19. ^ "CPI Inflation Calculator". Retrieved May 14, 2016. 
  20. ^ a b Blair, Gwenda (December 4, 2001). The Trumps: Three Generations That Built an Empire. p. 120. ISBN 9780743210799. 
  21. ^ Trump, Donald; Schwartz, Tony (1987). The Art of the Deal. Random House. p. 67. ISBN 978-0-345-47917-4. 
  22. ^ Knight, Gladys L. (August 11, 2014). Pop Culture Places: An Encyclopedia of Places in American Popular Culture. ABC-CLIO. p. 874. ISBN 978-0-313-39883-4. 
  23. ^ "Advertisement for E. Trump & Son". Brooklyn Daily Eagle. November 6, 1927. p. D3 – via 
  24. ^ "Real estate news". Brooklyn Daily Eagle. May 5, 1930. p. 8 – via 
  25. ^ D'Antonio, Michael (2015). The Truth About Trump. St. Martin's Press. p. 31. ISBN 978-1-250-11695-6. 
  26. ^ D'Antonio, Michael (2015). The Truth About Trump. St. Martin's Press. pp. 31 & 34. ISBN 978-1-250-11695-6. 
  27. ^ Yee, Vivian (August 17, 2015). "Foundation of an empire: Modest Queens homes, built by Donald Trump's father". New York Times. Retrieved May 28, 2018. 
  28. ^ a b Tuccille, Jerome (1985). Trump: The Saga of America's Most Powerful Real Estate Baron. Beard Books. p. 31. 
  29. ^ Barrett, Wayne (2016). Trump: The Greatest Show on Earth: The Deals, the Downfall, the Reinvention. Simon & Schuster. p. 77. 
  30. ^ Barrett, Wayne (2016). Trump: The Greatest Show on Earth: The Deals, the Downfall, the Reinvention. Simon & Schuster. p. 78. 
  31. ^ a b Rozhon, Tracie (June 26, 1999). "Fred C. Trump, postwar master builder of housing for middle class, dies at 93". New York Times. Retrieved May 2, 2018. 
  32. ^ Fahim, Kareem (April 8, 2010). "Brooklyn towers have Trump name but no limos". New York Times. Retrieved May 2, 2018. 
  33. ^ Trump, Donald; Schwartz, Tony (1987). The Art of the Deal. Random House. p. 67. ISBN 978-0-345-47917-4. 
  34. ^ Blair, Gwenda (2015). Donald Trump: The Candidate. Simon & Schuster. p. 23. ISBN 9781439129371. 
  35. ^ Trump, Donald; Schwartz, Tony (1987). The Art of the Deal. Random House. p. 105. ISBN 978-0-345-47917-4. 
  36. ^ a b c Campbell, Don G. (June 6, 1981). "New York joining renovation trend". Washington Post. Los Angeles Times. Retrieved May 8, 2018. 
  37. ^ Larkin, Kathy (February 17, 1983). "Trumpery, frippery, finery". New York Daily News – via 
  38. ^ Geist, William E. (April 8, 1984). "Donald Trump: Realty magnet with castles on the drawing board". Chicago Tribune – via 
  39. ^ Cuozzo, Steve (February 7, 2016). "How Donald Trump helped save New York City". New York Post. Retrieved May 8, 2018. 
  40. ^ Janson, Donald (May 15, 1984). "10th and largest casino opens in Atlantic City". New York Times. Retrieved October 3, 2015. 
  41. ^ Anastasia, George (June 18, 1985). "In A.C., Trump's Castle opens at site of Hilton's". Philadelphia Inquirer – via NewsBank. 
  42. ^ Heneghan, Daniel (April 3, 1990). "Taj: open sesame!". Press of Atlantic City – via NewsBank.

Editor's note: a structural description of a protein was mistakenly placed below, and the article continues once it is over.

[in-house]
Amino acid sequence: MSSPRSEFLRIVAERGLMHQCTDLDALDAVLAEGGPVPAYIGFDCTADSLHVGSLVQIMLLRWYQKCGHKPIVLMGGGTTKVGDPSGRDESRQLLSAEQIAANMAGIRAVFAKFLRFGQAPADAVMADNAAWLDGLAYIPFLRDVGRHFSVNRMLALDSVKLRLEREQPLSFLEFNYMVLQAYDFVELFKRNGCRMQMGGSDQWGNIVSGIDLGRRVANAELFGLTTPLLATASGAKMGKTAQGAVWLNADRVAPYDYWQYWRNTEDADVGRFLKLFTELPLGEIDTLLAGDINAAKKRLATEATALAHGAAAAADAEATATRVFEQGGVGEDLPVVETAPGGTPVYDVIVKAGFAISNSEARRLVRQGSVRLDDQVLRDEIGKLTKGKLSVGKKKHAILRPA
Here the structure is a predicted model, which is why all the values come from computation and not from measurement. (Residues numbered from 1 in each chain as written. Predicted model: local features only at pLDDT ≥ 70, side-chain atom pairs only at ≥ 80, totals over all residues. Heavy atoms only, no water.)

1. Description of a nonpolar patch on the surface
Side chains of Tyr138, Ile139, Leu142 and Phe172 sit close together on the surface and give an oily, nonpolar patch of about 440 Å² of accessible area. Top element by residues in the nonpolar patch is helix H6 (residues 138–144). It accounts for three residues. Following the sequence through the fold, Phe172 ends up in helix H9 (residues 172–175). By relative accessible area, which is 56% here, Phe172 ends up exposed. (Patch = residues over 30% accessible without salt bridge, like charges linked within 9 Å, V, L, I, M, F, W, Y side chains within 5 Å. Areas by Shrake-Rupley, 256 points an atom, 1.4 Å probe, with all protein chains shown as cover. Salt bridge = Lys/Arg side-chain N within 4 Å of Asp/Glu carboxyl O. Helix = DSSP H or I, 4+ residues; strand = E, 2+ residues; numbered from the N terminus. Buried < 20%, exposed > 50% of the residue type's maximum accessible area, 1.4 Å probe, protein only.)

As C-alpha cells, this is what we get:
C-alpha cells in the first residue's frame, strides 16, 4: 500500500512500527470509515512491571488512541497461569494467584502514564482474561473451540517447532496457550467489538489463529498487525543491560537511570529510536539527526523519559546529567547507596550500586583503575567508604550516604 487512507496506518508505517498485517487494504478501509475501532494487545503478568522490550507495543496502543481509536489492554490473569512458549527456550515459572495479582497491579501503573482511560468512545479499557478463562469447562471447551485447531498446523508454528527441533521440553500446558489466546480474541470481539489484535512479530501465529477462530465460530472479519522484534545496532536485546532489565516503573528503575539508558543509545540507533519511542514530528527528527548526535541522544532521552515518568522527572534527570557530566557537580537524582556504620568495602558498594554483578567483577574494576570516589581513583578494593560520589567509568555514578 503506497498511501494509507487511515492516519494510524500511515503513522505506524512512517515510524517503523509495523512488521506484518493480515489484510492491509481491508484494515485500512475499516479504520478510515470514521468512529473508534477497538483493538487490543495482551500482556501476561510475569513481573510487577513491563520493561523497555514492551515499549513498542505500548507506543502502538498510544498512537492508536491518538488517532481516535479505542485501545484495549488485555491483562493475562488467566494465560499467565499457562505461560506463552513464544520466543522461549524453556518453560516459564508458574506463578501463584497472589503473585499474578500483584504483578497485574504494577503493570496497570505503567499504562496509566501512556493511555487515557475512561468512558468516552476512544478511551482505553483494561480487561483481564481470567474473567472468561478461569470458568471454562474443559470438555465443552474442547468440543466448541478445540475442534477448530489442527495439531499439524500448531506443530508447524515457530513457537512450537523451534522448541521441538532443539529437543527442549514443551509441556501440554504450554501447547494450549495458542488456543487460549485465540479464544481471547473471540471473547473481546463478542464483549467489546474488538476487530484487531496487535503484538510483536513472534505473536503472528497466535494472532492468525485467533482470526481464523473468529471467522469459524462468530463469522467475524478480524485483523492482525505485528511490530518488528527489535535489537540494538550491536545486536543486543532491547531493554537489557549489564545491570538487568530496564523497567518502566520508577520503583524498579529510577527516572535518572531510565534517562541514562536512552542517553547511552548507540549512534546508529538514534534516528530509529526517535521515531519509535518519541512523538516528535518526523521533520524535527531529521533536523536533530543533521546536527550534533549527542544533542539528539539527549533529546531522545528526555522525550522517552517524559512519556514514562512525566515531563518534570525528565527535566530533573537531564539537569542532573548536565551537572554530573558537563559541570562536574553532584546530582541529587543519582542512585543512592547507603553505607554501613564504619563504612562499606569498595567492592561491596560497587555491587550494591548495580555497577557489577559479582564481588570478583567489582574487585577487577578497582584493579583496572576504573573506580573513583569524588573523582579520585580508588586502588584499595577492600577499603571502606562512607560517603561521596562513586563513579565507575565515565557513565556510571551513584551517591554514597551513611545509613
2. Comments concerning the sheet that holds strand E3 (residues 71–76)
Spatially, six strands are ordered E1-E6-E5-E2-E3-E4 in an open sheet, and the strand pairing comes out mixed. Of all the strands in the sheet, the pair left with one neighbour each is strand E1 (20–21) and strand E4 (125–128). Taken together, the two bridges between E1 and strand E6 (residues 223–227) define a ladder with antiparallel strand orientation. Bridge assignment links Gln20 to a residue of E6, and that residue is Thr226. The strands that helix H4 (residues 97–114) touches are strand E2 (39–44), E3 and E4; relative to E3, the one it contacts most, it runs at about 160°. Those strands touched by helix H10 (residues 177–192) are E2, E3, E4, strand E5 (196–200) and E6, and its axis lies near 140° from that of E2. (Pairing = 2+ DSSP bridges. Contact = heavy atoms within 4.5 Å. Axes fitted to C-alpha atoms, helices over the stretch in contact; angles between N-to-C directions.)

43. ^ Hilzenrath, David S.; Singletary, Michelle (November 29, 1992). "Trump went broke, but stayed on top". Washington Post. Retrieved May 11, 2018. 
  44. ^ a b c Buettner, Russ; Bagli, Charles V. (October 3, 2016). "Donald Trump's Business Decisions in '80s Nearly Led Him to Ruin". New York Times. Retrieved May 11, 2018. 
  45. ^ Quinones, Eric R. (November 10, 1996). "Trump success up to lessons learned". Orlando Sentinel. AP – via NewsBank. 
  46. ^ Singer, Mark (May 19, 1997). "Trump solo". The New Yorker. Retrieved May 11, 2018. 
  47. ^ Buettner, Russ; Bagli, Charles V. (June 11, 2016). "How Donald Trump bankrupted his Atlantic City casinos, but still earned millions". New York Times. Retrieved August 16, 2018. 
  48. ^ Neate, Rupert (September 2, 2016). "Trump and Atlantic City: the lessons behind the demise of his casino empire". The Guardian. Retrieved August 16, 2018. 
  49. ^ O'Shea, Karen (May 19, 2004). "Trump family sells properties on island". Staten Island Advance – via NewsBank. 
  50. ^ Weiss, Lois (May 5, 2004). "Jeweler gets his piece of the rock". New York Post. Retrieved May 11, 2018. 
  51. ^ Weiss, Lois (December 18, 2003). "Trumps lighten up". New York Post. Retrieved May 11, 2018. 
  52. ^ "The Trump Organization LLC". Bloomberg L.P. Retrieved October 7, 2016. 
  53. ^ "Trump hands over business empire to sons". BBC News. January 11, 2017. Retrieved January 11, 2017. 
  54. ^ Blumenthal, Paul (January 11, 2017). "Donald Trump Won't Divest From His Business Interests, Opening Door To Years Of Ethics Conflicts". Huffington Post. Retrieved January 11, 2017. 
  55. ^ Acton, Gemma (2017-01-12). "US ethics chief slams Trump 'halfway blind' trust as failing to meet acceptable standard". CNBC. Retrieved 2018-03-16. 
  56. ^ Schouten, Fredrecka (January 11, 2017). "Trump won't drop ownership of business". USA Today. Retrieved January 11, 2017. 
  57. ^ a b c d e f Alexander, Dan, " After Promising Not To Talk Business With Father, Eric Trump Says He'll Give Him Financial Reports", Forbes, March 24, 2017. Retrieved March 24, 2017.
  58. ^ a b c d e Alexander, Dan, "In Trump They Trust: Inside The Global Web Of Partners Cashing In On The President", Forbes, March 20, 2017. With appended listing of Trump Organization partners. Retrieved March 24, 2017.
  59. ^ "Trump Real Estate Portfolio". The Trump Organization. Retrieved December 2, 2016. 
  60. ^ "Trump Golf". The Trump Organization. Retrieved December 2, 2016. 
  61. ^ Brownell, Claire (July 17, 2015). "Donald Trump is rich, but is he 'really rich?'". Financial Post. Retrieved January 16, 2016. 
  62. ^ Horwitz, Jeff (July 15, 2015). "$10 billion man? Trump unveils details of his fortune". MoneySense (AP). Retrieved January 17, 2016. 
  63. ^ Horwitz, Jeff (July 23, 2015). "Donald Trump wealth details released by federal regulators". MoneySense. Retrieved January 17, 2016. 
  64. ^ Williams, Alex (November 21, 2006). "Trump Jr.: Finally trading on a famous name". The International Herald Tribune.